“Not only has it not been resolved, it really hasn’t been considered for public discussion, I think, until just really in these past few days,” she said.
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She said Pompeo had “laid out some hard truths out there, that were hard to take on.” However, she questioned whether the council is the right place for these discussions.
“I don’t want us to lose a venue that has been very successful in making sure that we can have peaceful activities in the Arctic,” she said. “Because we’ve been working cooperatively in so many of these other areas of engagement.”
“I imagine that there’s going to be considerable debate over this, and probably no resolve on it, in the short term,” Murkowski said.
Expanding the mission of the council to focus on national security and defense might undercut other important work in the region, she said.
“You’ve got four million people that live in the Arctic. It’s not just about the national security piece.”
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Murkowski was careful to separate national security from other forms of security, such as economic security and food security. The issue of food security, she said, is “imperative” among many residents of the region — particularly in a changing climate — and it was a concern raised by Alaskan indigenous groups that participate in the work of a council during a meeting with Pompeo.
Heather Exner-Pirot, managing editor of the Arctic Yearbook, told ArcticToday that she was surprised Pompeo attended the talks at all, given his unpopular stances.
“But it does say that the United States, like all the other Arctic states, very much values the Arctic Council,” she said.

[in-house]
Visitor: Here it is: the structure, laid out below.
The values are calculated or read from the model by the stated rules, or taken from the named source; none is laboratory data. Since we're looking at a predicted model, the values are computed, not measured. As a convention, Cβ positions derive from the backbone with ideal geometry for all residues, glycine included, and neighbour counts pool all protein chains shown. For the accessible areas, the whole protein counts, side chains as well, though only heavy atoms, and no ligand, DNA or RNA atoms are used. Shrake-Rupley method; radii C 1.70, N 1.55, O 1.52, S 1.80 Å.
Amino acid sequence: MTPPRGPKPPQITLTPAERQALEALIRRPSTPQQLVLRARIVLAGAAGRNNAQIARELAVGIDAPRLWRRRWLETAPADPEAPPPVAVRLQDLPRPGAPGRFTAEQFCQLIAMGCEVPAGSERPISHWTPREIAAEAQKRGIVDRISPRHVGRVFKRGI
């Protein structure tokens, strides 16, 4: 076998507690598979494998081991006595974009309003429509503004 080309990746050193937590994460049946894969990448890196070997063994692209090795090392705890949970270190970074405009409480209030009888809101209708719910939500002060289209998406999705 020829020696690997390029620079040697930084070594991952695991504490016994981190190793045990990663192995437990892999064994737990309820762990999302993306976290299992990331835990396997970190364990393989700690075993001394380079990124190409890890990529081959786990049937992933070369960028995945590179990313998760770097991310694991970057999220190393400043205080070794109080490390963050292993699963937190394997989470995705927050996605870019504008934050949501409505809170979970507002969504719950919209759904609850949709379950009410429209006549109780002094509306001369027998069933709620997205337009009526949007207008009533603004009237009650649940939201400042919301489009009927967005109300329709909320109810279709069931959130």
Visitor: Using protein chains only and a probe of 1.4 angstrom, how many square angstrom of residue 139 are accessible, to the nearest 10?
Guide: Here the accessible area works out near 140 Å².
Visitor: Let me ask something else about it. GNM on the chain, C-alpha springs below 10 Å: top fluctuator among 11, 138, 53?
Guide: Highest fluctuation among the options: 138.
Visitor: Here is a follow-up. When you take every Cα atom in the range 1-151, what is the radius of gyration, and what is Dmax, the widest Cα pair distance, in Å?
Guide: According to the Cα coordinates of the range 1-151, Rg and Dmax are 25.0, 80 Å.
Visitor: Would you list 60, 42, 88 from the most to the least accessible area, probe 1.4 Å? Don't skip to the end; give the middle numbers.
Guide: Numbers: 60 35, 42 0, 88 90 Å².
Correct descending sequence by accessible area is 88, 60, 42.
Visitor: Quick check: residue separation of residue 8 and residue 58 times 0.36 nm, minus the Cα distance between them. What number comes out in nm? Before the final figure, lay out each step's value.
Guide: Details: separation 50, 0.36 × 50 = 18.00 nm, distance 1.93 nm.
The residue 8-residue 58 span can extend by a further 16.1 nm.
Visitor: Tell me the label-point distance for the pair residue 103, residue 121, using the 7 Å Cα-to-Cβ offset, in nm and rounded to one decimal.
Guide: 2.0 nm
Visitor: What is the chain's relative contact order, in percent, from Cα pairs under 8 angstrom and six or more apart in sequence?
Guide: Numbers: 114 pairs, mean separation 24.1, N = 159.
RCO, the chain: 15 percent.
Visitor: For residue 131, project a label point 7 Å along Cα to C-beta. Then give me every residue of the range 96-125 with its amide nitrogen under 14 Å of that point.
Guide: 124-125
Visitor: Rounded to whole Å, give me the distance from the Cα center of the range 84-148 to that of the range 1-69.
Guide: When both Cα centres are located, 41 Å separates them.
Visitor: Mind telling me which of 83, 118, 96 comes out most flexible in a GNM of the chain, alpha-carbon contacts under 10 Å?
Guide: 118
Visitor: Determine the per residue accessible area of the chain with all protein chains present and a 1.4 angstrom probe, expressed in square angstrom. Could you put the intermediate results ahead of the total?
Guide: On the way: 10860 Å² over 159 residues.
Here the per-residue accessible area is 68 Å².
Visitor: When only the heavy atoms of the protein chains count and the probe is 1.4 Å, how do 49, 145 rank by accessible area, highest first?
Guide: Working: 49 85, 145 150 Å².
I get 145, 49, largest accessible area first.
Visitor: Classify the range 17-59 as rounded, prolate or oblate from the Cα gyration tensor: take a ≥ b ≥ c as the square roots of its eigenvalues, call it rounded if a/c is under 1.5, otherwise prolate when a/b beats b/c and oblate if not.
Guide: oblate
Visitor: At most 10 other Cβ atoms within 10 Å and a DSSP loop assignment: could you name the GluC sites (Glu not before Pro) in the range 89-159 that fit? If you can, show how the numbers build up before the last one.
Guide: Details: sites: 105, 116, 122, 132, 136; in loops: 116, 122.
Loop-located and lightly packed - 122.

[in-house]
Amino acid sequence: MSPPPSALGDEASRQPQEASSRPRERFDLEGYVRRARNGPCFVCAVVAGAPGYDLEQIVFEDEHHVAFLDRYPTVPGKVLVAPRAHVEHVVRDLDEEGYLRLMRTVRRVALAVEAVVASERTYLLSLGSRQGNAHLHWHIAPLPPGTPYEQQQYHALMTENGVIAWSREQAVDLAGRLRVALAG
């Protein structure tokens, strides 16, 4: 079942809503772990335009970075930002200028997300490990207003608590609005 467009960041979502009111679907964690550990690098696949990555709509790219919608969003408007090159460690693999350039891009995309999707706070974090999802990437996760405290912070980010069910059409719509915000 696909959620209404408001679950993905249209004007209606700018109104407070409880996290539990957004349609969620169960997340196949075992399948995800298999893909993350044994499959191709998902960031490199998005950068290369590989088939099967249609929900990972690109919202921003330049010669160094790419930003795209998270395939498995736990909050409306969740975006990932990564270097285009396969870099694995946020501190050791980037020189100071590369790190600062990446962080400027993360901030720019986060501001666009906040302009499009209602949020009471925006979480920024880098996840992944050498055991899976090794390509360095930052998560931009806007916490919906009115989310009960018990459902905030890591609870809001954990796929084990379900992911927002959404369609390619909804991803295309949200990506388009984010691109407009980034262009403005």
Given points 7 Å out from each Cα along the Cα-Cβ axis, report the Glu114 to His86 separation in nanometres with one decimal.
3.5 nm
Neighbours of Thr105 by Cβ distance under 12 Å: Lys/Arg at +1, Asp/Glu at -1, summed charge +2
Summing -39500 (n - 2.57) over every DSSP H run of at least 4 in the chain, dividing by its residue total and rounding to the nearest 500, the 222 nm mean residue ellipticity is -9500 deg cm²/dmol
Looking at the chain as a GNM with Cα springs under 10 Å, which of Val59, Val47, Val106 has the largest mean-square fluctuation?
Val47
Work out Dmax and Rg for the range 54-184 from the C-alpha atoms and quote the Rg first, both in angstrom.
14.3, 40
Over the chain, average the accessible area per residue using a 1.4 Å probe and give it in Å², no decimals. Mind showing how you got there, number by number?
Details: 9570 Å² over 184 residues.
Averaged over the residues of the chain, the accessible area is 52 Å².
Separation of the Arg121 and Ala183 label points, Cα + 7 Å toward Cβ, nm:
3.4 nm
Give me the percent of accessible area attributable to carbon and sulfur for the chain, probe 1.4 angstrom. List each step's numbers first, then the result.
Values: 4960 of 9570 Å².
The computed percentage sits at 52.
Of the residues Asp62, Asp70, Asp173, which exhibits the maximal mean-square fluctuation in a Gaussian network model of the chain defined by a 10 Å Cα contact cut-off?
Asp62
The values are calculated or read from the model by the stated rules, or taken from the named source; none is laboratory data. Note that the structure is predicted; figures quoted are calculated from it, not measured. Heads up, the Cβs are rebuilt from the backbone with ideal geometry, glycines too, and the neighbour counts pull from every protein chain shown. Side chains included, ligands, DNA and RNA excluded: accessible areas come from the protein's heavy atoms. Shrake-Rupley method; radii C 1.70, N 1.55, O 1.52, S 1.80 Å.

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The Arctic Council is particularly notable because it’s an international forum where all member states continue to emphasize peaceful cooperation. She said the Arctic Council was unlikely to begin addressing national security officially, but it would continue to bring foreign ministers together to discuss all of the issues facing the region, both in official and unofficial discussions.
“What the Arctic Council is good at doing is bringing these people together so they can have that dialogue,” Exner-Pirot said. “They’ve always talked about security, I think, on the sidelines of this.”
“It is obviously unconventional for Pompeo to bring up security issues,” Exner-Pirot said. But she pointed to the 2015 ministerial meeting in Iqaluit, shortly after Russia’s actions in Crimea.
At that time, she said, “almost all of the statements brought up the security piece, collaboration, stability.”
“So even that, I don’t think, is new.”
The Arctic Council, Exner-Pirot said, is “always at a crossroads.”
“it’s always interesting and amazing to me that it’s gone as far as it has,” she said. But she doesn’t think this year’s events pose any threats to the forum’s existence.
“My problem is, it doesn’t signal any long-term changes for the Council, and I think there are some long-term changes that are needed,” she said. “That’s more my concern — that it becomes less dynamic, because you can’t get eight states to agree on what the future of the Arctic Council looks like.”